“It might require an up-front investment, but it will pay for itself quickly and produce even greater returns over time,” he claims. “We expect our $100m investment to pay for itself in just five years and generate $20m in annual savings thereafter. Cutting your carbon footprint is not only good corporate citizenship – it’s also good business.”

KPMG has set itself emissions reduction targets, developed new approaches to account for social and natural capital it and its clients consume or create; and has contributed to collaborative programmes such as the UN Global Compact. KPMG is also supporting the Carbon Price Communique, a call for making setting a price on carbon emissions a key building block of climate change policy; and also the work of the Climate Disclosure Standards Board to bring climate change disclosures into mainstream corporate reports.

Elsewhere, PwC has achieved carbon neutrality across its UK operations, while cutting carbon emissions by 25%, and reducing both energy use and waste by 50% since 2007. Both firms are helping clients become more sustainable and to measure and benchmark their progress.

More companies of all types should be following the lead taken by these major brands, says Richard Spencer, head of sustainability at ICAEW. “The economy is going to decarbonise one way or another and all businesses are going to have to adapt,” he says. “The other thing is, as regulation hits big companies they’re going to push that down their supply chain. What if you, as the supplier, are ready for that, when it happens? You’d have an advantage over competitors.” There are also opportunities for smaller accountancy practices to provide clients with energy or waste audit services.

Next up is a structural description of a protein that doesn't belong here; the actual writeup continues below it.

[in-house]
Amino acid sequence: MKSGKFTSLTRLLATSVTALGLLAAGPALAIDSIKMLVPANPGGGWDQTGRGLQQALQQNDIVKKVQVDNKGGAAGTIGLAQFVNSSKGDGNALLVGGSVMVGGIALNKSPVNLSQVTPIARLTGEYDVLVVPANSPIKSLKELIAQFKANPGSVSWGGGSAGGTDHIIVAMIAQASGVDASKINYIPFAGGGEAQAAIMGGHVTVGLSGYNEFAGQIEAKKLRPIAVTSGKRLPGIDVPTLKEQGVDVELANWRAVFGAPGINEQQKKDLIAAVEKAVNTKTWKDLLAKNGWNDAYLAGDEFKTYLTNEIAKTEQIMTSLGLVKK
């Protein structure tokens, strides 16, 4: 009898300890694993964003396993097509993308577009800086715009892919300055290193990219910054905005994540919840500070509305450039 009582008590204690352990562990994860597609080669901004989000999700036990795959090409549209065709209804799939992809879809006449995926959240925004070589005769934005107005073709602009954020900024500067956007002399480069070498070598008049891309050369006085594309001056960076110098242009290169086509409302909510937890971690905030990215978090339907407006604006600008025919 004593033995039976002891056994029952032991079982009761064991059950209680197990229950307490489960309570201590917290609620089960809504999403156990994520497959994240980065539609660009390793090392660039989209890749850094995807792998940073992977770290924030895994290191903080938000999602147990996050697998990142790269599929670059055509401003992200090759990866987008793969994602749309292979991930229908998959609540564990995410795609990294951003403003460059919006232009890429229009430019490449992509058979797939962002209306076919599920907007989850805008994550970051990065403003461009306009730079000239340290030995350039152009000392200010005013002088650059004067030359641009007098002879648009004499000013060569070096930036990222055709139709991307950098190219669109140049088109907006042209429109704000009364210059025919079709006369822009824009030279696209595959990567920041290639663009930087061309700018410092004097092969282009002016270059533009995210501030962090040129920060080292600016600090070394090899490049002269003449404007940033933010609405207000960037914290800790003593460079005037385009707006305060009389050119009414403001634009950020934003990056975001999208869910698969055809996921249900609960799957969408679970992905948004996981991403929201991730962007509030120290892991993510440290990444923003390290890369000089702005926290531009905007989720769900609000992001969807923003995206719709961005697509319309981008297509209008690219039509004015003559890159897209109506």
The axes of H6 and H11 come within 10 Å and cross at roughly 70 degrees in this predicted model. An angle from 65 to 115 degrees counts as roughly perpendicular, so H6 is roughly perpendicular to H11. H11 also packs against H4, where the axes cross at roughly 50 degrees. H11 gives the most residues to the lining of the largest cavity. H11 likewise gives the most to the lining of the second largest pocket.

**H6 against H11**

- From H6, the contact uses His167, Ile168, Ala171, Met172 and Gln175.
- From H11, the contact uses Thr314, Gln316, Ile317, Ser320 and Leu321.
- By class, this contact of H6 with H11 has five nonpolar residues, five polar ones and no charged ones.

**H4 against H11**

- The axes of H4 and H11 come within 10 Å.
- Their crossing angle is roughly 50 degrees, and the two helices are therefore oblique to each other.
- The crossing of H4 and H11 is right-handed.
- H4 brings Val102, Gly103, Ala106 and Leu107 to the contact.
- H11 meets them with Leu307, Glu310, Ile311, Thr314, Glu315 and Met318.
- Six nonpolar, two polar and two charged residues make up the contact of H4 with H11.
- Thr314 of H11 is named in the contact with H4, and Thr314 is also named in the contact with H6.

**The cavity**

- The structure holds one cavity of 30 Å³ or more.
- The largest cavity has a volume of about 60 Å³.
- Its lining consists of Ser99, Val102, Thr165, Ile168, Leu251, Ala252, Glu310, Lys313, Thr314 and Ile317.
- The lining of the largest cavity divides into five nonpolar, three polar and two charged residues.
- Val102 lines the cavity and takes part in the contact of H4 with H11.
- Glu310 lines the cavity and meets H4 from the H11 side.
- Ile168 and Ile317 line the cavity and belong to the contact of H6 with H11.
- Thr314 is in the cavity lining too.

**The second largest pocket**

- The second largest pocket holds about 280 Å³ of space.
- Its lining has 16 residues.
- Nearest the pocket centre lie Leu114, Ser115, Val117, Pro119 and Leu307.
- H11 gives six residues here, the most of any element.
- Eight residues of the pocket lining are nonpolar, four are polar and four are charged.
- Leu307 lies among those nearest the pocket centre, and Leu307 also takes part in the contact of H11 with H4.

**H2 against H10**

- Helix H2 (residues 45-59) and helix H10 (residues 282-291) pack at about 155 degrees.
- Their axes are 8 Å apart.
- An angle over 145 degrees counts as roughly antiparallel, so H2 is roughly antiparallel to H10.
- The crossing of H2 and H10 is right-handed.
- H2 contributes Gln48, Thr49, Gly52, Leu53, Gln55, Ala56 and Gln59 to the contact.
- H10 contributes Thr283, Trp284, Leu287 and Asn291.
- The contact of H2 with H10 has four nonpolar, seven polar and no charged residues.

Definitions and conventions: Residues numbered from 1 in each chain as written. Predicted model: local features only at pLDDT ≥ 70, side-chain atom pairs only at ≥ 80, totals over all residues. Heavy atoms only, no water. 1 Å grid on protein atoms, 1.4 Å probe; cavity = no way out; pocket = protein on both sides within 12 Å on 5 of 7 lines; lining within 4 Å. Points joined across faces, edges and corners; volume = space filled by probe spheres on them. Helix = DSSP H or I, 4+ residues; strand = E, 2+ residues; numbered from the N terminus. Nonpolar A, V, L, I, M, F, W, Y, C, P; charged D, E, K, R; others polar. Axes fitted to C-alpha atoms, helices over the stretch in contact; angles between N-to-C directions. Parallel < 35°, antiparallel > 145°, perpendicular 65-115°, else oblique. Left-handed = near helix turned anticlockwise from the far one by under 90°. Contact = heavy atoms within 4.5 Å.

Will COP21 produce a deal that compels businesses of all kinds to become more sustainable? There are, says Spencer, reasons to be optimistic. For one thing, since the last major UN summit on climate change both the US and China are now more fully committed to achieving an effective agreement. China has also announced it will create a carbon pricing market, as have a number of other significant economies, including South Korea. The EU is to review and refine its own carbon market.

Nor does the opposition of climate-change-denying groups now seem to be having much affect on mainstream business opinion, or at policymaking level – even if there are many in the UK, for example, who fear the current government is taking some backward steps in this regard.

“There is still some debate in business, particularly in sectors exposed to international competition, about what the right balance is between investment and innovation,” says Levick. “But I don’t think any companies are calling this nonsense any more. All businesses are seeing climate change as a risk to their business in one way or another.”

“Investing in sustainable business practices is investing in the success of your company,” says BMW’s Mathar. After all, as Spencer says, every business depends, ultimately, upon sustainable natural resources. You’re not doing this for the sake of being a “good” business – it’s just good business.

Related articles

The link between sustainability and finance

The path to carbon pricing

The right price for preserving our climate

Accountants can help fight climate change